How to cut your blood pressure and heart disease risk with a diet that’s low in saturated fat

A low-saturated fat diet that includes a low-carb diet can help reduce the risk of heart disease, according to new research.

The research, published in the New England Journal of Medicine, was based on a study of 2,935 adults and their spouses.

“A low-fat diet is a very good diet to have for heart health, because it is very low in the saturated fat that causes heart disease,” said Dr. Jeffrey L. Miller, an associate professor of medicine at the University of California, San Francisco, and lead author of the study.

“The low-glycemic index diet is the ideal diet for people who are diabetic, who have heart disease or who have high blood pressure.”

Miller and his colleagues looked at how the diets affected the risk for heart disease and cardiovascular events in the study participants.

They also looked at the effect of diet on the risk factors for diabetes, obesity and hypertension.

“We wanted to know if a diet with the high glycemic index and low saturated fat is better for people with heart disease than the diet with low glycemic and high saturated fat,” said Miller.

Miller said the study was based mostly on a diet of a low carbohydrate and low fat diet, but other researchers have looked at other diets that have a low glycemia and high glycereas.

To find out if the diet was effective, Miller and his team looked at participants who had been on the low-fiber diet for two years and those who had had a blood pressure screening in the past six months.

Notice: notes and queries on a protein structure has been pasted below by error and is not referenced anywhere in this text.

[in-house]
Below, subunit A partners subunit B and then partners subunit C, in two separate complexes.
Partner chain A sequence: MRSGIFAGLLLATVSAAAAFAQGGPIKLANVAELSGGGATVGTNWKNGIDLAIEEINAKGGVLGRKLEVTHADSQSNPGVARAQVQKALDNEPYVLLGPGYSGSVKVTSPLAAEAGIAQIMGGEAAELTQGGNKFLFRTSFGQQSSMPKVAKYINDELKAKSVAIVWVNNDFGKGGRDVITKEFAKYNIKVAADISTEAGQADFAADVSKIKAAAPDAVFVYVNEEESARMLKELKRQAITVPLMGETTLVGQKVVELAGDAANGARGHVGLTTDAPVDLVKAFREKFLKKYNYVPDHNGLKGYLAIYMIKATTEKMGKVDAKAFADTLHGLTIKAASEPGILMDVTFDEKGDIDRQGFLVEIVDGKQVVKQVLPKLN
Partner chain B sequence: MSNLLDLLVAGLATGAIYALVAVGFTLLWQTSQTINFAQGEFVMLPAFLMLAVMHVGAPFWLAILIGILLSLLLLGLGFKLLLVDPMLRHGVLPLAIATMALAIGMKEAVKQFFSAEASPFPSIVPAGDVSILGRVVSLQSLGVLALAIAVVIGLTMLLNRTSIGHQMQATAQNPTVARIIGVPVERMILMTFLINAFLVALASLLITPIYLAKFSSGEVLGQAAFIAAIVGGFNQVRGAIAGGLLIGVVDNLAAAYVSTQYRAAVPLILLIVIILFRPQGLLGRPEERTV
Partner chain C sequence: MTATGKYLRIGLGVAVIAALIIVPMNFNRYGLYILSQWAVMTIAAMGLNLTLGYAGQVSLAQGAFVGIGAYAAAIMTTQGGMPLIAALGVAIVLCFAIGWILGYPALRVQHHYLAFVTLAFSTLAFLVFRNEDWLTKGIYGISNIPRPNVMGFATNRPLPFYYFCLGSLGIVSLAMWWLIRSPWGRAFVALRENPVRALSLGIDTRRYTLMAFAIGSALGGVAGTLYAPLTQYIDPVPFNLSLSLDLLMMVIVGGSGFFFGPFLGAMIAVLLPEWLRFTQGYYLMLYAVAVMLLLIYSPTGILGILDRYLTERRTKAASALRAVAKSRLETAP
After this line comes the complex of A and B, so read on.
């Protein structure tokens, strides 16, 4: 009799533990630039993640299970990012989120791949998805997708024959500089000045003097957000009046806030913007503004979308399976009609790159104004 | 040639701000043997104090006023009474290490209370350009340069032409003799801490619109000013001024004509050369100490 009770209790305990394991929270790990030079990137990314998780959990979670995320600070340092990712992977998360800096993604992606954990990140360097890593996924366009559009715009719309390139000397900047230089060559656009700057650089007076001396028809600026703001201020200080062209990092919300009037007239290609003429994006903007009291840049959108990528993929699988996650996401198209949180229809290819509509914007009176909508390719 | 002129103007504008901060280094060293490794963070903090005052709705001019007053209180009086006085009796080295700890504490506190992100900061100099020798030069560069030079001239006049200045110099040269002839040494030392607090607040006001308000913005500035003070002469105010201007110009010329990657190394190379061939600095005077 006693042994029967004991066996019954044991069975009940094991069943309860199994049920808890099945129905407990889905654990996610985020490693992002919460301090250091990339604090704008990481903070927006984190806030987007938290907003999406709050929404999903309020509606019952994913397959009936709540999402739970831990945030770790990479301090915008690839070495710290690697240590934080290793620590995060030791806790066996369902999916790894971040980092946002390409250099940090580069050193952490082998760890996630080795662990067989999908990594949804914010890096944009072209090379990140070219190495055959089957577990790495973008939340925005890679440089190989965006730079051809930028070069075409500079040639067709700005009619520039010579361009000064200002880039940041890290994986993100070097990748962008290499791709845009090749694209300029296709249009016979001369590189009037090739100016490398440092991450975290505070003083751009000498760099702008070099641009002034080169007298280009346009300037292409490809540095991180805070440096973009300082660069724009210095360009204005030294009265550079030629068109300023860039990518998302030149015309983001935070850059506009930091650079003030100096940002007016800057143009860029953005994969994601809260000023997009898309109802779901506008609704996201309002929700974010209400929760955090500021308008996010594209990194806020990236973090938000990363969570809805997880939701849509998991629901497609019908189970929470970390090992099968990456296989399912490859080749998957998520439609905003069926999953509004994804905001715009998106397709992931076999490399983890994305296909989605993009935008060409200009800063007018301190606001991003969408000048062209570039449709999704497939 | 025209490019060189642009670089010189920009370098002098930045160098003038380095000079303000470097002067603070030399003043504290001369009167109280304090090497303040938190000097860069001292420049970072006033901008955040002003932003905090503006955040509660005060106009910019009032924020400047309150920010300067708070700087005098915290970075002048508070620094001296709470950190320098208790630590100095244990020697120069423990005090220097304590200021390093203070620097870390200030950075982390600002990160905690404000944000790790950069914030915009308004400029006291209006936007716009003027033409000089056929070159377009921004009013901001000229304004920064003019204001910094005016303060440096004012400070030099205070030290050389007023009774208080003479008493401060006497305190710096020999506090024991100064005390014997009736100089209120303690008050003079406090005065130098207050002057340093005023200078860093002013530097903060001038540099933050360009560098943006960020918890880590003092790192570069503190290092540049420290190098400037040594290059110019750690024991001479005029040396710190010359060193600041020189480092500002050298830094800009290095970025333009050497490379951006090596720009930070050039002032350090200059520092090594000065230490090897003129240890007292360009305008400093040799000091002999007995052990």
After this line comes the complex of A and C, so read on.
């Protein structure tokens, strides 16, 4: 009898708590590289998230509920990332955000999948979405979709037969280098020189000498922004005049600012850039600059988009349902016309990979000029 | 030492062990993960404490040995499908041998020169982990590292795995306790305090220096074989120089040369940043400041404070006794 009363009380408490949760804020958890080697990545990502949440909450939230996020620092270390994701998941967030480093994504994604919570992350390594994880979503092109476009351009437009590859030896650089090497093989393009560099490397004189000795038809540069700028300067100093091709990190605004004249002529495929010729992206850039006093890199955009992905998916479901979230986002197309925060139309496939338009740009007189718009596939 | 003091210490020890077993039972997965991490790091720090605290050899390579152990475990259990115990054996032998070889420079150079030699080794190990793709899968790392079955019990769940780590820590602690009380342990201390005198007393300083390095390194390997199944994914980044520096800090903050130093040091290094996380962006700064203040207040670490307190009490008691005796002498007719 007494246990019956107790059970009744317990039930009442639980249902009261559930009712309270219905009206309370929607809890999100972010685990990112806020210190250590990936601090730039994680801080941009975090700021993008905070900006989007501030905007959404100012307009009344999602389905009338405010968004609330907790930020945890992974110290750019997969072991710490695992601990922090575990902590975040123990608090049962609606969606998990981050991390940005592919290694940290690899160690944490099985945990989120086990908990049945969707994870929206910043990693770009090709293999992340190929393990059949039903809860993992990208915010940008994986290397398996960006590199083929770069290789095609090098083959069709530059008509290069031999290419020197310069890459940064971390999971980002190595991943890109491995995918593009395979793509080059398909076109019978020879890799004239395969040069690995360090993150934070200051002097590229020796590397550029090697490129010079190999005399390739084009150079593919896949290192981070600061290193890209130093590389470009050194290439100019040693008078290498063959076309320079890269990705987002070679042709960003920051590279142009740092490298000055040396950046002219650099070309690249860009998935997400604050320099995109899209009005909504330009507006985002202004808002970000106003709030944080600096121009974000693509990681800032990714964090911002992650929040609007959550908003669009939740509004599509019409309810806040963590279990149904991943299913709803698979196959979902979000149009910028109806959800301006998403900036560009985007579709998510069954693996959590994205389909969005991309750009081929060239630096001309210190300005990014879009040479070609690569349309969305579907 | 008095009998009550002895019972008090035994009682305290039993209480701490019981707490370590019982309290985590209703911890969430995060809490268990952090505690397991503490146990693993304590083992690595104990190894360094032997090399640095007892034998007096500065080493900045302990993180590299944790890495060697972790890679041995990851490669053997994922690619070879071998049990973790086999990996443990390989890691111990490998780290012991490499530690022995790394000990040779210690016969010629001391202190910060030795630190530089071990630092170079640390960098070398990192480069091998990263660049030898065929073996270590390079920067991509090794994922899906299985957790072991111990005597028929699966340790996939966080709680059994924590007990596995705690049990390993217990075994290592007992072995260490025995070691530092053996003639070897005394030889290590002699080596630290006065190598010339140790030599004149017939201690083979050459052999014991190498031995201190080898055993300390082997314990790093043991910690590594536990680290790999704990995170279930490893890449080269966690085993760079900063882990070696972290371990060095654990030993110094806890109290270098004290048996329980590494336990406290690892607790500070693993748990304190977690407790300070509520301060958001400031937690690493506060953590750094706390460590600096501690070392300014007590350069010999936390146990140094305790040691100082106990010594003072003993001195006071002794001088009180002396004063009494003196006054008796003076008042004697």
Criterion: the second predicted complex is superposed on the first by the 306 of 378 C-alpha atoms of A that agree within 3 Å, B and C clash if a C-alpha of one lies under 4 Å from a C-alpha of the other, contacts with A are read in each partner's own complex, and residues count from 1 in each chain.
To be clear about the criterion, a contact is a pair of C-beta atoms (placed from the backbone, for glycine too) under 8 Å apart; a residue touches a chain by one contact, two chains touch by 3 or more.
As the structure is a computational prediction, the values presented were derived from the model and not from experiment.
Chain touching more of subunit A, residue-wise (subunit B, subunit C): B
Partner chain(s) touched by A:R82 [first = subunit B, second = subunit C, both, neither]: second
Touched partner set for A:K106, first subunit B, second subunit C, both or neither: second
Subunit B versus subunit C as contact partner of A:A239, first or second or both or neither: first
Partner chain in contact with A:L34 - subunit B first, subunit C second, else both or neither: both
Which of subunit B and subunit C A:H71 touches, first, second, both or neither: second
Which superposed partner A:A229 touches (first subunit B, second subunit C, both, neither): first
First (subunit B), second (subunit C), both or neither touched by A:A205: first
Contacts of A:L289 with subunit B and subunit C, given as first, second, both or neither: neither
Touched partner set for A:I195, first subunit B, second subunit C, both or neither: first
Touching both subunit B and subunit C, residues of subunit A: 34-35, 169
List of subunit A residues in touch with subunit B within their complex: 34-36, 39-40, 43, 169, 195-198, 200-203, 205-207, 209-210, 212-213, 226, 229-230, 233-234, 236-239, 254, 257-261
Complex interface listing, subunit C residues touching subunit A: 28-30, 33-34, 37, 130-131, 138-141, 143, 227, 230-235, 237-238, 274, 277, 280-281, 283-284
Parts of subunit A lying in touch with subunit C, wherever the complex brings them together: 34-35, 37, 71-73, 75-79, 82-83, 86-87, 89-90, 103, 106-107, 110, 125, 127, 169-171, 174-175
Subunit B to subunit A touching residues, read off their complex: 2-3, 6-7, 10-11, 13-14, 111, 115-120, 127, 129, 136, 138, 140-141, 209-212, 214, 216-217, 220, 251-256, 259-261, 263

Researchers looked at all of the participants and their diet history, including the amount of saturated fat and carbohydrate they consumed.

They also looked for factors that could affect the risk, including diabetes, high blood cholesterol, obesity, and hypertension, which are linked to cardiovascular disease.

Participants who had the highest levels of saturated fats had a nearly 40 percent higher risk of having a heart attack compared to those who were on a low fiber diet.

However, a high glycaemic index diet was not associated with a higher risk.

In fact, the researchers found that the glycemic load of the diet that participants followed did not appear to influence their risk of developing heart disease.

The glycemic loading of a diet was more strongly associated with the risk than any other predictor, including hypertension, diabetes and obesity.

For participants who were diabetic, the risk increased the more saturated fat they consumed, but not by nearly as much as a low saturated diet.

For example, people who consumed a diet low in carbohydrate, like the low glycacemic index one, had a 29 percent higher glycemic loads.

However, the higher glycaemia could only explain one in 10 of the increase in risk.

Another factor that was not related to saturated fat consumption was a higher level of obesity.

People who were obese had a much higher glycolytic load than people who were lean, but it did not account for all of their increased risk.

Dr. Jeffrey Miller and coauthors say this is not surprising.

“People who are obese have very high glycoglycemic load, which means they have higher levels of triglycerides,” Miller said.

“And triglycerides are very important for atherosclerosis because they’re associated with heart attack risk.”

The researchers say that this does not mean that saturated fat increases the risk.

However, saturated fat does contribute to the risk because of its effect on lipoprotein lipase, the enzyme that breaks down triglycerides.

This enzyme is critical for lowering blood pressure, cholesterol and triglycerides, so lowering the glycaemeasurement of saturated fatty acids might be an effective strategy to lower the risk in people who already have high cholesterol and high triglycerides in their blood.